Providing access to expensive medicines through a publicly-funded system (the PBS) was seen by all participants as equitable and a feasible approach. Targeting access was supported as a necessary form of "resource rationing". The vast majority acknowledged that there were finite resources available for the possible range of diseases. Targeting access to sub-groups of patients who most need treatment and would gain most benefit was in keeping with spending "for value". However, interviewees disagreed about how the appropriate target patient population should be defined. A government advisor recognised the tensions between system-wide and individual needs:
"It [controlled access] is entirely defensible in terms of a population utility concept. It's very difficult at an individual patient level."
Some participants suggested broader, initial access. The risk of excessive uptake of the biologicals by patients outside the PBS criteria was considered, by these participants, to be limited given the other controls that were applied, namely, risk-sharing between sponsors and government via price-volume agreements, and the continuation rule that limited ongoing access to those who responded to treatment. All agreed that the criteria should be based on sound clinical evidence. However, some criteria were seen as "arbitrary" and "potentially unfair" particularly when they were "unsupported by published literature". A rheumatologist gave his opinion:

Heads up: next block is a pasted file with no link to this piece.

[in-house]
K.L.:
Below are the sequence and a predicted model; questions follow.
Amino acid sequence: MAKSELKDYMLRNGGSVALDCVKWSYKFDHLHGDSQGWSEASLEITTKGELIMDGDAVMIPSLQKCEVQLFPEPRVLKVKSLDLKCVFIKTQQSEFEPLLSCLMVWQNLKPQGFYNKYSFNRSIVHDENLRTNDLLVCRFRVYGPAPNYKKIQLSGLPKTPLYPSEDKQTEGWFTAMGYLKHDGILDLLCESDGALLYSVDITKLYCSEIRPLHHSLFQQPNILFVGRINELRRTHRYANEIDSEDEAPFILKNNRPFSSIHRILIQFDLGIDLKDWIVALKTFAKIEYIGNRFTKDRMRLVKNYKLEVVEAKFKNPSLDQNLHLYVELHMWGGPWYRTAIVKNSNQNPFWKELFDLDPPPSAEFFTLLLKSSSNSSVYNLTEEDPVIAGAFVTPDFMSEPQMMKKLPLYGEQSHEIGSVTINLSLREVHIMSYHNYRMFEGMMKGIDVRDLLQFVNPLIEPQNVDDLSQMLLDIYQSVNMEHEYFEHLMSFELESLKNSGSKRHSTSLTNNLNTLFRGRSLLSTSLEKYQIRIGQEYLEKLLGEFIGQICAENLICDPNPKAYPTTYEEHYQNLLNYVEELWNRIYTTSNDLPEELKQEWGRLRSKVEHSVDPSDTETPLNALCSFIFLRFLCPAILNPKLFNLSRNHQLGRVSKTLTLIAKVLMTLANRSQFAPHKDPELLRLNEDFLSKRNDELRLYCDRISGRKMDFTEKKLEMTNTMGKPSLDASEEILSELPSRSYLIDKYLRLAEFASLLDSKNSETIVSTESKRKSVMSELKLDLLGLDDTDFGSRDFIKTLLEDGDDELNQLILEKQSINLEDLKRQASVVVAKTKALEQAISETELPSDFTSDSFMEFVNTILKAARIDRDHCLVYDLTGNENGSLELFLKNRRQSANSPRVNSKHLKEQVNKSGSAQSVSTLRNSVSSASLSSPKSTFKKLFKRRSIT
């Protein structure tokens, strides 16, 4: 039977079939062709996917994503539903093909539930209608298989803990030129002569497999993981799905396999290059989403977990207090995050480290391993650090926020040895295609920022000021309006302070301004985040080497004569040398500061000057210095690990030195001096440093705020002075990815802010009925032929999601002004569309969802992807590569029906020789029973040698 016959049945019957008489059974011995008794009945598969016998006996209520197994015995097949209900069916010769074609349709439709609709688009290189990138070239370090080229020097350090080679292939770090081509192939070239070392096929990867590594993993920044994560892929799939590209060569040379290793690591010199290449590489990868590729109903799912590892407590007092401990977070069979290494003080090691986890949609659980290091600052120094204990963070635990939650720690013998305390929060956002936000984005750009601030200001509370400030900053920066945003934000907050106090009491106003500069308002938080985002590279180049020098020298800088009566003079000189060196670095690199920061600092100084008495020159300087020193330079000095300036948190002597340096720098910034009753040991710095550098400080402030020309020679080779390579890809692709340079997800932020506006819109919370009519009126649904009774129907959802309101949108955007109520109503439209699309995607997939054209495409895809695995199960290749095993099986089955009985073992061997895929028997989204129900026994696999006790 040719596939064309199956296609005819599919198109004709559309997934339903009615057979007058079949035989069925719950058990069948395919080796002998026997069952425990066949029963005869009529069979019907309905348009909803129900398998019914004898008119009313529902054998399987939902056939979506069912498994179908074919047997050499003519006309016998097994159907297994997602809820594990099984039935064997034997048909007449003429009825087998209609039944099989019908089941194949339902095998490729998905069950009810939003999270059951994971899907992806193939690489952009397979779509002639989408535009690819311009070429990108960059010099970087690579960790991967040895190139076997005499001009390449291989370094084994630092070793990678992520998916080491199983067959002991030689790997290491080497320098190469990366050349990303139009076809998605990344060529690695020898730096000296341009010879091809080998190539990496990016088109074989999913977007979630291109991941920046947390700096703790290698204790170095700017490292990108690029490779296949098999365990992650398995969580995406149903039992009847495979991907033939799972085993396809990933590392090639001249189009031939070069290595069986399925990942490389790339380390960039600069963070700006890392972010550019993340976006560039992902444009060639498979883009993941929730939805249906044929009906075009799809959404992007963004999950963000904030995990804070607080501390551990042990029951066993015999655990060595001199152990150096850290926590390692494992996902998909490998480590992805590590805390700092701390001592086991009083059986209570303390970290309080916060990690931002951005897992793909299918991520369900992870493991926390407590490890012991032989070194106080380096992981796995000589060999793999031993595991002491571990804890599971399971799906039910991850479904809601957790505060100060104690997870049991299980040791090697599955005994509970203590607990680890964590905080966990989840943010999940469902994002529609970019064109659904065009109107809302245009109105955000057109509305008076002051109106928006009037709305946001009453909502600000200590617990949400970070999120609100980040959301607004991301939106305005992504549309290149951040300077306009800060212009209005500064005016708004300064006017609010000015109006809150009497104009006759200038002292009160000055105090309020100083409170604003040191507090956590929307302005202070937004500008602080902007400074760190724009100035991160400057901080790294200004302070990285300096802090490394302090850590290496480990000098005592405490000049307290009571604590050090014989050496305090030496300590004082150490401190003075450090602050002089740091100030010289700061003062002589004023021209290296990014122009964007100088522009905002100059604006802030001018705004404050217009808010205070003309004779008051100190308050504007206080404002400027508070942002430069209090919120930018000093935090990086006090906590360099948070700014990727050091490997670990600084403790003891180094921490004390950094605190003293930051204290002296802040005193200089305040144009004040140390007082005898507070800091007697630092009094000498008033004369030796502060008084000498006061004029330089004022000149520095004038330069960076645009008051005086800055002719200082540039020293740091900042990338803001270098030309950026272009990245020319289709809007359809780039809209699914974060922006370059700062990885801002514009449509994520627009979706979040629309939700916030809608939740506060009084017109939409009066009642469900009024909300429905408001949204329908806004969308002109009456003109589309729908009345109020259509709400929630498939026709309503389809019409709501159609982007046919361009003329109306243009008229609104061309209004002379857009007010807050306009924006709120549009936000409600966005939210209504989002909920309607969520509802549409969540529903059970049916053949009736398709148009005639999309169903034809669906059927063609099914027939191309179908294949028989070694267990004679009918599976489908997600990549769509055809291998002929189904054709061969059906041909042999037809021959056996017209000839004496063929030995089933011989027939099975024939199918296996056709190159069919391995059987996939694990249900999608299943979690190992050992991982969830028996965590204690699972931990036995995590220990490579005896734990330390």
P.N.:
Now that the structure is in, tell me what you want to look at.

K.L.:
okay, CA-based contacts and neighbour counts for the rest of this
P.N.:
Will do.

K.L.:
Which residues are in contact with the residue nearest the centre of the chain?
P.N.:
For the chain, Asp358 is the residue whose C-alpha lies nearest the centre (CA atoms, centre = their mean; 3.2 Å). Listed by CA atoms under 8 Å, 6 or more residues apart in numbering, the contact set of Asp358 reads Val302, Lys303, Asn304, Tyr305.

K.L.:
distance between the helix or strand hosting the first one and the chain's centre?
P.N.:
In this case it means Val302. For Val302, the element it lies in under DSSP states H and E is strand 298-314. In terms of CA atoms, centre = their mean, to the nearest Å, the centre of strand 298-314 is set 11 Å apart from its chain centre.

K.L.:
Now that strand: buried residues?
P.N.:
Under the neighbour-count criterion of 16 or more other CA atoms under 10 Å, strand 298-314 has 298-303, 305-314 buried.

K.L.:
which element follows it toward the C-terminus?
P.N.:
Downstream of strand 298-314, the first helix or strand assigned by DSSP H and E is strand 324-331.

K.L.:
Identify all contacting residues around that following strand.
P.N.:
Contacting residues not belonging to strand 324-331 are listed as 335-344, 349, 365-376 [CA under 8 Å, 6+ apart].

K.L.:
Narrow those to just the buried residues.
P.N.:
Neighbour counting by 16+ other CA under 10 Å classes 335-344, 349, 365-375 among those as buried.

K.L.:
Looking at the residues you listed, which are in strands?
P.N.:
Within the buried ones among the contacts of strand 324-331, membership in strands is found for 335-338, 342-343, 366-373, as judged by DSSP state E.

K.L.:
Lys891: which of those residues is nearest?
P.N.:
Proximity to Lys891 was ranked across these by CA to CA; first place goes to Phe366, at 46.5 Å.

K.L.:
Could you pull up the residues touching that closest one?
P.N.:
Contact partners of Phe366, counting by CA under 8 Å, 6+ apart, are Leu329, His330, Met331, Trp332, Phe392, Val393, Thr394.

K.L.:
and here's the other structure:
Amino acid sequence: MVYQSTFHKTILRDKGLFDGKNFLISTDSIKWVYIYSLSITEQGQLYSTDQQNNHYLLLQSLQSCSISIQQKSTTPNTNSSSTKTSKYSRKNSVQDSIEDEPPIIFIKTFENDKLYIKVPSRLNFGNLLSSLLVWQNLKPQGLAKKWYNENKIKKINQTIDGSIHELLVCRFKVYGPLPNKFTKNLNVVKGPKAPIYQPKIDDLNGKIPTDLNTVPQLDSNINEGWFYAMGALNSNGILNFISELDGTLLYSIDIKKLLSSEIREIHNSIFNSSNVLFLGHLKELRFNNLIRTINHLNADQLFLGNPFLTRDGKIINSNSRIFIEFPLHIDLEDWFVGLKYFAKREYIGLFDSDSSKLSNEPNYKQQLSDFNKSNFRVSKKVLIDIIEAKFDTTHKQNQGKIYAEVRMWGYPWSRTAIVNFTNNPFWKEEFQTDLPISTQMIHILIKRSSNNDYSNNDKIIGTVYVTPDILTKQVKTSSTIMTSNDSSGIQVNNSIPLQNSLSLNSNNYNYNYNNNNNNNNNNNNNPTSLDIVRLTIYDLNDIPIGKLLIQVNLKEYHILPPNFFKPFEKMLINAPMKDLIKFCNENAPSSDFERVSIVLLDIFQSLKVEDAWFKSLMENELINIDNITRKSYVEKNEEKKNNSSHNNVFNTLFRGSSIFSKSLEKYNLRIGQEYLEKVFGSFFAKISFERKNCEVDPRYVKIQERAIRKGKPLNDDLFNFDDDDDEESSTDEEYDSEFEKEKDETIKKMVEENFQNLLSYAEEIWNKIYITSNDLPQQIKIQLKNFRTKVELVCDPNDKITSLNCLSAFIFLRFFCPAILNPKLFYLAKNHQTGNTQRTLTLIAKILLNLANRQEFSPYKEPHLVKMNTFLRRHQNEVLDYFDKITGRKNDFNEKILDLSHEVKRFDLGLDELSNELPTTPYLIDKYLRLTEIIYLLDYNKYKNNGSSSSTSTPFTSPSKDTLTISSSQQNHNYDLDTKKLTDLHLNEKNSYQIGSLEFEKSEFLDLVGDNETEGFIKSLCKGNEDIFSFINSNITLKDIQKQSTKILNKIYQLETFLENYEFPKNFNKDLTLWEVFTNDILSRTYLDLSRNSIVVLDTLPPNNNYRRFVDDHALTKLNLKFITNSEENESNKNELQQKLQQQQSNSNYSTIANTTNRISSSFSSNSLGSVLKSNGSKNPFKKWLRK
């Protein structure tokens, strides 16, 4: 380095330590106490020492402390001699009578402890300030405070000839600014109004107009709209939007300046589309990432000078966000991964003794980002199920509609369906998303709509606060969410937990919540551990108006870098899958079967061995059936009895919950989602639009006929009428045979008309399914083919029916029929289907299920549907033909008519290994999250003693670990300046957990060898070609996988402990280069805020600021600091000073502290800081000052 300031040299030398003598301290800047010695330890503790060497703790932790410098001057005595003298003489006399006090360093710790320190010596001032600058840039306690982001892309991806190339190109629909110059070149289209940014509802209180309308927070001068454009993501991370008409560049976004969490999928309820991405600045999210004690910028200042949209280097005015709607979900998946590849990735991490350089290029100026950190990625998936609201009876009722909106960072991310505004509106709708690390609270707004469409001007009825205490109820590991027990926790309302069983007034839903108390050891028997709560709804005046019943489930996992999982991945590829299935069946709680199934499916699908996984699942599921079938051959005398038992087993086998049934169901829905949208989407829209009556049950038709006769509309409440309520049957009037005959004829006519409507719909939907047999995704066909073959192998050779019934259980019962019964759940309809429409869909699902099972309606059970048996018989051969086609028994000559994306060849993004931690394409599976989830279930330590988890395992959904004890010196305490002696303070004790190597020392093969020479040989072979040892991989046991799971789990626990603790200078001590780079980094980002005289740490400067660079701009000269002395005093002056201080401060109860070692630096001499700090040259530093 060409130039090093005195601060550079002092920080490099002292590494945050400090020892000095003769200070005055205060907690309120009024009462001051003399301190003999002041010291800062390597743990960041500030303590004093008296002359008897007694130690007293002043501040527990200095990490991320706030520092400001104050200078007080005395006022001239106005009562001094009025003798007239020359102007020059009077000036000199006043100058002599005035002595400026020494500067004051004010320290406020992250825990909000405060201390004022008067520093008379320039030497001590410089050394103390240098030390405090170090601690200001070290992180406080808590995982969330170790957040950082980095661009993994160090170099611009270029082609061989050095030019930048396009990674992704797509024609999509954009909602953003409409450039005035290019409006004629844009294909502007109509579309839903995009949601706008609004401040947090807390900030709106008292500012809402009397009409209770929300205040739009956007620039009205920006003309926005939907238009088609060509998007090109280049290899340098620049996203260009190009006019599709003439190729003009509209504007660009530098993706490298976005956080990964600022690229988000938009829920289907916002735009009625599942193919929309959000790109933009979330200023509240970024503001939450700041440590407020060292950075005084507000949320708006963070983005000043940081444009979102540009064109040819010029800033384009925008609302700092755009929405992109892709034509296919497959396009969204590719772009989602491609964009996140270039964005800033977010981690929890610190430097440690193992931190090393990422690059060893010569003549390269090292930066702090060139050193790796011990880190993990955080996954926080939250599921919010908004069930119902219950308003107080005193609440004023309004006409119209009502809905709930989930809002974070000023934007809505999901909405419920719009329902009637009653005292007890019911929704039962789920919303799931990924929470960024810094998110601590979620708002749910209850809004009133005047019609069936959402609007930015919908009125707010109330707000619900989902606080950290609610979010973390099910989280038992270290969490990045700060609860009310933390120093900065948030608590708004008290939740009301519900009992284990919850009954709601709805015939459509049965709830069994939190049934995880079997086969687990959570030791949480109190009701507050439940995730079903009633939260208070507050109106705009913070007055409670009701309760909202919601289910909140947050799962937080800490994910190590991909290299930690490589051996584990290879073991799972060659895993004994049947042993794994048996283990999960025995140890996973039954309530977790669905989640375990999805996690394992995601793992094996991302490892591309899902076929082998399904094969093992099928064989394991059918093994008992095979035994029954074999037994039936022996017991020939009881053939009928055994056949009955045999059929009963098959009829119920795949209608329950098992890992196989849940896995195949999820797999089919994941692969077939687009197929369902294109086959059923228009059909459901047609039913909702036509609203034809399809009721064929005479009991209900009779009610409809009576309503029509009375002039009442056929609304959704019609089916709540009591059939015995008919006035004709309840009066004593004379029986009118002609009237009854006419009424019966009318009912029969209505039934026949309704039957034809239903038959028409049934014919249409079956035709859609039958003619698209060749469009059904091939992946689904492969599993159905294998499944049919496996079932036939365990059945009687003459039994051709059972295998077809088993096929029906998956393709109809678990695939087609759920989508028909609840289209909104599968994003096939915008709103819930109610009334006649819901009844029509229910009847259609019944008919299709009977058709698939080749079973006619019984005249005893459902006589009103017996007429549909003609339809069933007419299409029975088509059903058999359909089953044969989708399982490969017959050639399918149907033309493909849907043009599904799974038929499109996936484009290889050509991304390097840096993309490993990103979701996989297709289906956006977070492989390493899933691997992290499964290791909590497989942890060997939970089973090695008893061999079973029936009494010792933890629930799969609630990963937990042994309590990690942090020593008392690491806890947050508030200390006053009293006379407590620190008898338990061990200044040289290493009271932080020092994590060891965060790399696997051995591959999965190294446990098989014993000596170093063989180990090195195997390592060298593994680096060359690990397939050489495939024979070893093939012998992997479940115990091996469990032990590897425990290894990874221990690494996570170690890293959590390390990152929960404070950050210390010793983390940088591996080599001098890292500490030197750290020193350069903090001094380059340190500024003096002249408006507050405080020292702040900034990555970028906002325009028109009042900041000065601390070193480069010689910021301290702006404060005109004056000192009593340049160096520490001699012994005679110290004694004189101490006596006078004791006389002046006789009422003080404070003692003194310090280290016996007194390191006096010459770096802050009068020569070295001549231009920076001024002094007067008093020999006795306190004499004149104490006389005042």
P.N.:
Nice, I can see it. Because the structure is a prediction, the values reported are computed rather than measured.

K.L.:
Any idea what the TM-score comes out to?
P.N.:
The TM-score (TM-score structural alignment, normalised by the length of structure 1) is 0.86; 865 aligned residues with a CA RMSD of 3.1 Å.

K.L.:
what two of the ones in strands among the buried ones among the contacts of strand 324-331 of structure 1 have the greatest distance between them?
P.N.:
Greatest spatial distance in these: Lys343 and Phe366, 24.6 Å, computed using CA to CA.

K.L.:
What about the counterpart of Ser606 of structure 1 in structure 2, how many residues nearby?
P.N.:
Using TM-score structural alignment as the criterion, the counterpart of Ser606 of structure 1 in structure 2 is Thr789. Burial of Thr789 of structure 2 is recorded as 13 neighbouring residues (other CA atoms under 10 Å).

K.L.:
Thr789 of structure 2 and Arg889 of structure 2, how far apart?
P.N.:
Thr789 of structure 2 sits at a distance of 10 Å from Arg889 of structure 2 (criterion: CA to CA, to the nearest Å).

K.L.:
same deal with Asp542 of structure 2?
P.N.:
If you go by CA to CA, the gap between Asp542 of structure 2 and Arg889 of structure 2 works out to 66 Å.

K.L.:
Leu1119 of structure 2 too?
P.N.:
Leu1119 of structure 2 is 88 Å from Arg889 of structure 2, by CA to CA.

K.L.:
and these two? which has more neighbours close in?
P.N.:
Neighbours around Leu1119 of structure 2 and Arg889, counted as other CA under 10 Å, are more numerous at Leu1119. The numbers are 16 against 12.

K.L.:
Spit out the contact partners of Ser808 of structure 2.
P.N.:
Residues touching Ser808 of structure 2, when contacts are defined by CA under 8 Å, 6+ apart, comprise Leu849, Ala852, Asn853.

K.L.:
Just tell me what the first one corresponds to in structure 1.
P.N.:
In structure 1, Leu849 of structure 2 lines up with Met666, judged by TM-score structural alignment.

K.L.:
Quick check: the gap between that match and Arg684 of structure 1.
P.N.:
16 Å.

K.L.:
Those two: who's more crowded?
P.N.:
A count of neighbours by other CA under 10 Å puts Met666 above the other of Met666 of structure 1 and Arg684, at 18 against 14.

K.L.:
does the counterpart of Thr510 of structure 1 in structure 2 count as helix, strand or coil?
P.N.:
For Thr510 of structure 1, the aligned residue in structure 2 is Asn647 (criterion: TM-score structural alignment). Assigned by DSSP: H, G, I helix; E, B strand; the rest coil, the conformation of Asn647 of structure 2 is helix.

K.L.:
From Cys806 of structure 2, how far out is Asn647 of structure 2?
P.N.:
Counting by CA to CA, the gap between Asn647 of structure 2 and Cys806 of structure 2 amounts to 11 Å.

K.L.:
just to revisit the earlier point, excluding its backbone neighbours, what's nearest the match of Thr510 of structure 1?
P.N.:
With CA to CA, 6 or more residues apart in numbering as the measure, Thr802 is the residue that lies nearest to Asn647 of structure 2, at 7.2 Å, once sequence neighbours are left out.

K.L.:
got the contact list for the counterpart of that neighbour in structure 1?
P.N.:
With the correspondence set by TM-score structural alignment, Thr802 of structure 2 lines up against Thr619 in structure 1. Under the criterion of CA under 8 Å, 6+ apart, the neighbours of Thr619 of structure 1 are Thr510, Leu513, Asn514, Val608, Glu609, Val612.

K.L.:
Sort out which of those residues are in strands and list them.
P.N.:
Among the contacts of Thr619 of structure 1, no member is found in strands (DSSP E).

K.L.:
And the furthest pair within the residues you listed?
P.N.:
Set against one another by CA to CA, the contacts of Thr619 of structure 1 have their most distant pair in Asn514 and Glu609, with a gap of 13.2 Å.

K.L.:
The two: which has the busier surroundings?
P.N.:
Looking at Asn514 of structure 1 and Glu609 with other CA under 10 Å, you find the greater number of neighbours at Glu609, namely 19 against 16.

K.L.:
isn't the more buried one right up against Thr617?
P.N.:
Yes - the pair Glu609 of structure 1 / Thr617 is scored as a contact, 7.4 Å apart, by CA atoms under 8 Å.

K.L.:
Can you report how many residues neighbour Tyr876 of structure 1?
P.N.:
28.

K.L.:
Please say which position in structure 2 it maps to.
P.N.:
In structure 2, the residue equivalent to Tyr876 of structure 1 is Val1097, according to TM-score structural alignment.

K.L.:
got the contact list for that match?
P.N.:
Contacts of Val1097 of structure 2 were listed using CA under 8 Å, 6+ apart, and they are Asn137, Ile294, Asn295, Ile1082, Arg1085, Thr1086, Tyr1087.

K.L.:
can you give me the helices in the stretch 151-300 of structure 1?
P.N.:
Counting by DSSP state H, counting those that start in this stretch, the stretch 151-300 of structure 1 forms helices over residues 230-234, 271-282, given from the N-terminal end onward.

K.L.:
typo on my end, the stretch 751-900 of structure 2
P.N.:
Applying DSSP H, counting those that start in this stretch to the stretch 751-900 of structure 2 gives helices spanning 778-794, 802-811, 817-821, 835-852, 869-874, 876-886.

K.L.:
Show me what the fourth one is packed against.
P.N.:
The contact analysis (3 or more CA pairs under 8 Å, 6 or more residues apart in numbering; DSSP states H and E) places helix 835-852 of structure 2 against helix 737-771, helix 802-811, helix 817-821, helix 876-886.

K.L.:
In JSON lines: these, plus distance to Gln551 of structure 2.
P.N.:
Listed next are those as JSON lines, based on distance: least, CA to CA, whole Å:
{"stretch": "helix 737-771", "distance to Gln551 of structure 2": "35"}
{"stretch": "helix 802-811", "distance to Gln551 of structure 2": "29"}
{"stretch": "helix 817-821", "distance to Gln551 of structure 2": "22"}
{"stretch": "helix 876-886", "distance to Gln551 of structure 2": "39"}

"I think ... the restriction to seropositive patients is unfortunate. Secondly, the reliance on laboratory indices is a concern ... "
The requirement for 'positive rheumatoid factor' (seropositive) was removed shortly after the completion of this study and such opinions may have been rescinded subsequently.
The requirement to first trial existing, less costly therapies was considered to be reasonable. Limiting prescribing rights to sub-specialist physicians (rheumatologists, immunologists) was deemed safe and appropriate, given the expense of the medicines, the severity of RA in the affected patient population, and long-term safety concerns. A patient voiced the predominant view: